4. Acute intoxication with aniline: detection of acetaminophen as aniline metabolite.

    PubMed

    Iwersen-Bergmann, S; Schmoldt, A

    2000-01-01

    A 47-year-old woman unwittingly ingested an unknown substance together with her breakfast coffee. She suffered effects such as strong headache, generalized cyanosis, and a burning sensation of the lips and collapsed some minutes later. After admission into hospital a methemoglobin level of 35% was determined in the blood. Treatment by administration of tolonium chloride (toluidine blue) resulted in complete recovery of the patient. The toxic agent was identified as aniline by GC with mass selective detection after organic solvent extraction and 11 h after ingestion the plasma aniline level was 0.13 mg/l. Acetanilide (0.79 mg/ml) and acetaminophen (2.3 mg/ml) were identified in plasma as metabolites of aniline. It was assumed that a high metabolic capacity for acetylation protected the victim from more severe reactions. Her husband confessed later that he had tried to poison her. PMID:10876991

  5. Fatal acute alcohol intoxication in an ALDH2 heterozygote: a case report.

    PubMed

    Yamamoto, H; Tanegashima, A; Hosoe, H; Fukunaga, T

    2000-08-14

    On an evening in November, a 25-year-old man was found dead in his bedroom. There were many empty snap-out sheets for flunitrazepam tablets in the trash at his bedside. He had been beaten by a gang of young people earlier in the morning of the same day. At the medico-legal autopsy, although there were many bruises and/or abrasions on the whole body, only slight subdural hemorrhage was observed, and none of them was thought to be the cause of death. Flunitrazepam and its metabolites were not detected in his body fluid by gas chromatography-mass spectrometry (GC-MS). Marked lung edema and a severe congestion of organs were observed. His blood alcohol concentration from the femoral vein was 2.00 mg/ml. Fatal cases of acute alcohol intoxication usually have shown higher alcohol concentration (2.25-6.23 mg/ml). Although the genotype of aldehyde dehydrogenase 2 (ALDH2) has not previously been mentioned as a contributing factor in determining the cause of death, in this case the genotype of ALDH2 was ALDH2*1/2 and thus is important. Those who possess the ALDH2*2 gene show high concentrations of acetaldehyde (AcH) at even comparatively lower alcohol levels. Consequently, the cause of death was considered to be acute alcohol intoxication including AcH poisoning. PMID:10940605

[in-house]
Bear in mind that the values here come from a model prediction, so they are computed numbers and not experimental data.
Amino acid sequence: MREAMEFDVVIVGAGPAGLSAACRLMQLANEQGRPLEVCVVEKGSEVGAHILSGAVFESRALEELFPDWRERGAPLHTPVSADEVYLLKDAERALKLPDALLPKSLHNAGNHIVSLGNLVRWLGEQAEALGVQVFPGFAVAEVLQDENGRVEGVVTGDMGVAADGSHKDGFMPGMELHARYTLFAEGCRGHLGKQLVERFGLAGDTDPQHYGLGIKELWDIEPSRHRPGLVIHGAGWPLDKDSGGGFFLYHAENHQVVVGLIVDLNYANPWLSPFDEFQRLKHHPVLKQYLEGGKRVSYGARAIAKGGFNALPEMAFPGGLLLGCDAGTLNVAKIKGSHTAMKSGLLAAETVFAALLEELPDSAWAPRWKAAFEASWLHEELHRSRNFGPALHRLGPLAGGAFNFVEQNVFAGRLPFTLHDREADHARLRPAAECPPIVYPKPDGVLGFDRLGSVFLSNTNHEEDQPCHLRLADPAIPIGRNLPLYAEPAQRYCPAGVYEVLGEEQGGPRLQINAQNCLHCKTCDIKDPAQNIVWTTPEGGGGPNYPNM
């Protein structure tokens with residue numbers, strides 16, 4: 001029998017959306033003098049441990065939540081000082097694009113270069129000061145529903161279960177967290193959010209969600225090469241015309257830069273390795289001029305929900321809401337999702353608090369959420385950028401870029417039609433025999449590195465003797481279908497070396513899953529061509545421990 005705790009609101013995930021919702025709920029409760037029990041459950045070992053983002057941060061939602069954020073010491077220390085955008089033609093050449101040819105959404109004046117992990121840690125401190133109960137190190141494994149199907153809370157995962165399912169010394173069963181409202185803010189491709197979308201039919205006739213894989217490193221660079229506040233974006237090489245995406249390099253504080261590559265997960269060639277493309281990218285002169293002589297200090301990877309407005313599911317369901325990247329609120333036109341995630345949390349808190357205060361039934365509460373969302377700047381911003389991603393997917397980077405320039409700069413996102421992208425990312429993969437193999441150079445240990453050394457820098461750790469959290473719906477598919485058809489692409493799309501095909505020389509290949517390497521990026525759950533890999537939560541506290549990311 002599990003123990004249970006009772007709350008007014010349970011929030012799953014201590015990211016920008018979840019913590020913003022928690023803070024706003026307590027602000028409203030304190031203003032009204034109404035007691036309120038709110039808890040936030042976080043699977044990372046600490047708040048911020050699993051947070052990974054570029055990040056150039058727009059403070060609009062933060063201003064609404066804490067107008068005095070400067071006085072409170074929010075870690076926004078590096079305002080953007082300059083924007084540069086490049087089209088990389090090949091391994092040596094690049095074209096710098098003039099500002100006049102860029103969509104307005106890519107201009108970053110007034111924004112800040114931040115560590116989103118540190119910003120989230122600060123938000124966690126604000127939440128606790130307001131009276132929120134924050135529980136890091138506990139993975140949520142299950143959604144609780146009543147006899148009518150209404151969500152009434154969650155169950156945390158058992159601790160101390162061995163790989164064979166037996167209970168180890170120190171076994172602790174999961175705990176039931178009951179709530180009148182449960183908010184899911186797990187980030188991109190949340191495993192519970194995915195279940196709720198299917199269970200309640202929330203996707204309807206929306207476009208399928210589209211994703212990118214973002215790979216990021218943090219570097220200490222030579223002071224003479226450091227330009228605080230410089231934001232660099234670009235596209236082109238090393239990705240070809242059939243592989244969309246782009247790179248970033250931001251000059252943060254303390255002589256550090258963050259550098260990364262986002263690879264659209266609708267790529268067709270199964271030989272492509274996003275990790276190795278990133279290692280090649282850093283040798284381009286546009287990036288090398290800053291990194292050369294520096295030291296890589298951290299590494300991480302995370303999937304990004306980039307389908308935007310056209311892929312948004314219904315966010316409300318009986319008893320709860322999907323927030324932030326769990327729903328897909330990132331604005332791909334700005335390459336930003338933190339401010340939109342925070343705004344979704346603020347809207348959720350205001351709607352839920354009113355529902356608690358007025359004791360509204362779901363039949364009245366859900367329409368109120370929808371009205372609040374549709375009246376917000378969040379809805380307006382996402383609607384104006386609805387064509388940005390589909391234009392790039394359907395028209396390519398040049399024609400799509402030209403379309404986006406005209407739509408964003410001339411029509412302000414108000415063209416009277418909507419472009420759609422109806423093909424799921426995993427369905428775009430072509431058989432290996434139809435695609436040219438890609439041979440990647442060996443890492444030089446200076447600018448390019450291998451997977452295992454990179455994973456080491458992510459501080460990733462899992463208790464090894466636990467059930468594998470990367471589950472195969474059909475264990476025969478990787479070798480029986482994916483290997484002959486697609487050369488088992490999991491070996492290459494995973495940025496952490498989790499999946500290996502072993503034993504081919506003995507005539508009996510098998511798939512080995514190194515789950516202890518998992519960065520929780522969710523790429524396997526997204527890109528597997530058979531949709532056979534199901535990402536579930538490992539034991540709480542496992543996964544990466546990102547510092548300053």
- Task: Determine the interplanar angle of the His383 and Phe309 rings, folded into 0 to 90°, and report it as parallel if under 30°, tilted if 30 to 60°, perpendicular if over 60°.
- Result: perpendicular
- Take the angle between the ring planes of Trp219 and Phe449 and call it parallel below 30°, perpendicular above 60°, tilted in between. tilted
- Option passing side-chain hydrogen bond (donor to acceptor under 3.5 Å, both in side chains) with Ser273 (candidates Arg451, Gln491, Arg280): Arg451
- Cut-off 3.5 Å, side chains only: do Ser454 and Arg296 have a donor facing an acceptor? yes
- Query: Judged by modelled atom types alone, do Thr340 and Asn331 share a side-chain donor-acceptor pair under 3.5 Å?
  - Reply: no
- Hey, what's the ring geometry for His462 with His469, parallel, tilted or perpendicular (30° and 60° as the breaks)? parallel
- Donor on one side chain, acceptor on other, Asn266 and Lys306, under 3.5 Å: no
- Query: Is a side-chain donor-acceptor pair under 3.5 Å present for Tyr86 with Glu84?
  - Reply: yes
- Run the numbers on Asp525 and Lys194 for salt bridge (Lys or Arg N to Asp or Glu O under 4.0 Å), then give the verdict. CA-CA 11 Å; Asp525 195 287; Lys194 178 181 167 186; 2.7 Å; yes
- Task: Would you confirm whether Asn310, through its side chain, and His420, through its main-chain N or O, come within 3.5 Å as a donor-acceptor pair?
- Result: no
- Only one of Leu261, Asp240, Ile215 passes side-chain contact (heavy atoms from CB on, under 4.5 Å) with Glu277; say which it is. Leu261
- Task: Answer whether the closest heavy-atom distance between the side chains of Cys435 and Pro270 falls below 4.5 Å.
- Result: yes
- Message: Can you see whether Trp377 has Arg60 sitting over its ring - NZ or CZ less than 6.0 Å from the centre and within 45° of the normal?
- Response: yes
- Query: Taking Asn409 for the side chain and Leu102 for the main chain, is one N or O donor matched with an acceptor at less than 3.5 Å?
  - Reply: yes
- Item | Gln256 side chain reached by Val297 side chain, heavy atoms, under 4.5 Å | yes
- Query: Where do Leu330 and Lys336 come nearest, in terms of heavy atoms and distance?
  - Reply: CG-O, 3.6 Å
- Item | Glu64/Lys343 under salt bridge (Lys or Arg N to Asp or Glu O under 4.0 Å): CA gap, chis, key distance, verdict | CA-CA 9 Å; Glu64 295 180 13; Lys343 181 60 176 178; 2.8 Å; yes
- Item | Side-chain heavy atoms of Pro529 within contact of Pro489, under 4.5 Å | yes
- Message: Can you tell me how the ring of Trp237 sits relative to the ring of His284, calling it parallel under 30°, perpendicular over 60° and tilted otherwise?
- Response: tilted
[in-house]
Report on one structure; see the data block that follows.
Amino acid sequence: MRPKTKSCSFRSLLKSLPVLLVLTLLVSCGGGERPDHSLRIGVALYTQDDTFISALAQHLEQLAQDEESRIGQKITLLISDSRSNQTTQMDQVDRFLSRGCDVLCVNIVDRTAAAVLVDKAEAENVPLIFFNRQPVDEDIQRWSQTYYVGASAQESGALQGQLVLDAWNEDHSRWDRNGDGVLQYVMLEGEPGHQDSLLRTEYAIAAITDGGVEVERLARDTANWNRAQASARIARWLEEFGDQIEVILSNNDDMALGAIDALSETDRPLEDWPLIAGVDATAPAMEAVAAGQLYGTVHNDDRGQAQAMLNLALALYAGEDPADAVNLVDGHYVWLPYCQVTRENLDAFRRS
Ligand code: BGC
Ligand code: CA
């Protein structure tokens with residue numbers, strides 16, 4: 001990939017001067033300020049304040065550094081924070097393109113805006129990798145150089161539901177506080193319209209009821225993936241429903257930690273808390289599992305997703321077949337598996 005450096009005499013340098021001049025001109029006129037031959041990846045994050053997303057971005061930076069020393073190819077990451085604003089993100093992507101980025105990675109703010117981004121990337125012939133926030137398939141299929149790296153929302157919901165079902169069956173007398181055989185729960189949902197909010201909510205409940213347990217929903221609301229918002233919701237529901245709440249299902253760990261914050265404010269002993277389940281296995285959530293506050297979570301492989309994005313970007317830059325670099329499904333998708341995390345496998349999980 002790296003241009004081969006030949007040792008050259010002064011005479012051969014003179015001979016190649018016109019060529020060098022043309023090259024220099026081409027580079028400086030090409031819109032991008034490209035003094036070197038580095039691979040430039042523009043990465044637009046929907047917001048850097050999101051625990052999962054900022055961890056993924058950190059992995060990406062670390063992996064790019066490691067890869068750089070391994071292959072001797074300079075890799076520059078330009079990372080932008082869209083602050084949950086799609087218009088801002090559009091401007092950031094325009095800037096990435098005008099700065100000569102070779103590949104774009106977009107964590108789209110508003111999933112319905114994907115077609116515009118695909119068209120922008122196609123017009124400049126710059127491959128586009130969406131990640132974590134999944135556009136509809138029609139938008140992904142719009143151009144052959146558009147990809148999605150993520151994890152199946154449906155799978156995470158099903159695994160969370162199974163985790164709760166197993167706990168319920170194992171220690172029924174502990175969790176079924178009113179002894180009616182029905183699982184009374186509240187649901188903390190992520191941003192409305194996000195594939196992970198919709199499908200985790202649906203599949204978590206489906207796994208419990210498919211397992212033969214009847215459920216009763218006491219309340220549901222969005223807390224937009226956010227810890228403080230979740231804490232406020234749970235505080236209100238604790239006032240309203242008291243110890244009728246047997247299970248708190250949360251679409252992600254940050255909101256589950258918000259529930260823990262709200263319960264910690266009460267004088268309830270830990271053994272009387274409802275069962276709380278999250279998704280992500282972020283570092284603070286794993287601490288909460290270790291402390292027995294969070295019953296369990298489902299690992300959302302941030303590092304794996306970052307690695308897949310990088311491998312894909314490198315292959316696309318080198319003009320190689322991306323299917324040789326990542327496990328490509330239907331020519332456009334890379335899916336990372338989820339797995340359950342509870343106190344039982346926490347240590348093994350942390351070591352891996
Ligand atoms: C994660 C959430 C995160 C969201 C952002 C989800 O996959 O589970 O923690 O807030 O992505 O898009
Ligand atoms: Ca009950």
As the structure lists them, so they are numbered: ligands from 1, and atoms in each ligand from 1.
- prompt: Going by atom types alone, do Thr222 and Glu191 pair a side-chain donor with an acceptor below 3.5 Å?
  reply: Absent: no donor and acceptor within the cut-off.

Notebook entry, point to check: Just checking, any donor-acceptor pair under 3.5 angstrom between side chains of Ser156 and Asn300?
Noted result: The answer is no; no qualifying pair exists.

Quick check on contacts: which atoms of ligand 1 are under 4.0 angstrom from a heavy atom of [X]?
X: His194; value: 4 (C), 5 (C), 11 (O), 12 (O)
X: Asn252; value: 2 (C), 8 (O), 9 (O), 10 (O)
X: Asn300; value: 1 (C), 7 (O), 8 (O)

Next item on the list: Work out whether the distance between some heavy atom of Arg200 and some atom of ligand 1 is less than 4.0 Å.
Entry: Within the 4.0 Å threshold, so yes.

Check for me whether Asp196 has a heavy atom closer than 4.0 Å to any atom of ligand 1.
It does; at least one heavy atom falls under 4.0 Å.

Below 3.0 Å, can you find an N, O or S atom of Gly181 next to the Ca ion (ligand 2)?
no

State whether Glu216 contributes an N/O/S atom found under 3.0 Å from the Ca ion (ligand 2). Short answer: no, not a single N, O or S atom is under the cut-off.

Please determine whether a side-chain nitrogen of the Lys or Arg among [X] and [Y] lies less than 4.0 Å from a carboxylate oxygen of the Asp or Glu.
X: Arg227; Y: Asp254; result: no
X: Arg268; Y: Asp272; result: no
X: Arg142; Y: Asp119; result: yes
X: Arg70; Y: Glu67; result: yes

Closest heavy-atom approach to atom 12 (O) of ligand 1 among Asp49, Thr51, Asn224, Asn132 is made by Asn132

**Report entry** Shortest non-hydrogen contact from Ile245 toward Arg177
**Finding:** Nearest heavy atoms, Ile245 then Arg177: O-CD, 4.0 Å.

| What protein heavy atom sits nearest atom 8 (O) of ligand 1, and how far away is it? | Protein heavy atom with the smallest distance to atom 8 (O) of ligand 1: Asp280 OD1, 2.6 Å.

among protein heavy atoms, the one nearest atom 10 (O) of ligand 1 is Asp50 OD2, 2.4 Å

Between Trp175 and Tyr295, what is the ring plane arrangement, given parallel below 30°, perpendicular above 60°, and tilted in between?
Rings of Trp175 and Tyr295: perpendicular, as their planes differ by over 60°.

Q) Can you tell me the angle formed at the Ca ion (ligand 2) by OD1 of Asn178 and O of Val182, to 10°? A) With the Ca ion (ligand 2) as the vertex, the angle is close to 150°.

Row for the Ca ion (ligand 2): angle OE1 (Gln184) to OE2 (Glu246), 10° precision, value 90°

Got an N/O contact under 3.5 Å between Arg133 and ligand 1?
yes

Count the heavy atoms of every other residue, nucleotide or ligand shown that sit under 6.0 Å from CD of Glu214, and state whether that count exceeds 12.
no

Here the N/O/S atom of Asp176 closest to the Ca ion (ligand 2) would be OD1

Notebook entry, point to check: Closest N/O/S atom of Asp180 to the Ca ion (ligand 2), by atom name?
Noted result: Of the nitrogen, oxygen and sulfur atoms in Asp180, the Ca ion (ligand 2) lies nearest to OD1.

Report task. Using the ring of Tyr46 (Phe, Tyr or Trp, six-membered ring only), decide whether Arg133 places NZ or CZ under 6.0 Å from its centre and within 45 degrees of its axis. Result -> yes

6. Cerebral blood flow changes with acute cocaine intoxication: clinical correlations with SPECT, CT, and MRI.

    PubMed

    Mena, I; Giombetti, R J; Miller, B L; Garrett, K; Villanueva-Meyer, J; Mody, C; Goldberg, M A

    1994-01-01

    In summary, these data suggest that widespread primary or secondary cerebral vasoconstriction is common in patients with neurological complications from cocaine. In most patients, SPECT showed wide-spread hypoperfusion in regions that had no clear clinical significance (e.g., the periventricular area). In many, the SPECT was performed more than 24 hours after the onset of neurological symptomatology. These findings raise several questions. It has been assumed that these SPECT changes in patients with acute neurological symptoms are temporary, although it will be important to determine whether these areas of hypoperfusion persist after symptoms have abated. Recently, Holman and colleagues (1991) found multifocal and deep areas of hypoperfusion with SPECT in 16 of 18 patients with a history of chronic cocaine abuse. Although most of the subjects tested positive for cocaine, several had abstained from cocaine use for weeks prior to the study. All 18 subjects had neuropsychological deficits, 13 mild and 5 moderate. Similarly, Pascual-Leone and colleagues (1991) have shown that CT scan atrophy strongly correlates with the duration of cocaine abuse, suggesting that brain injury may occur with continued use of cocaine. It is the authors' concern that cocaine abuse might produce permanent changes in cerebral perfusion. In conclusion, brain SPECT was found to be a useful procedure in the evaluation of acute cocaine intoxication. Brain SPECT revealed focal cortical lesions not seen on head CT or MRI, which corresponded to clinical deficits. In addition, [99mTc]HMPAO brain SPECT had a characteristic scalloped appearance, and this may be a marker for acute intoxication with cocaine. This study further supports the contention that cocaine causes neurological disease by its vasoconstrictive action. PMID:7603541

  7. Acute alcohol intoxication and suicide: a gender-stratified analysis of the National Violent Death Reporting System

    PubMed Central

    Kaplan, Mark S; McFarland, Bentson H; Huguet, Nathalie; Conner, Kenneth; Caetano, Raul; Giesbrecht, Norman; Nolte, Kurt B

    2013-01-01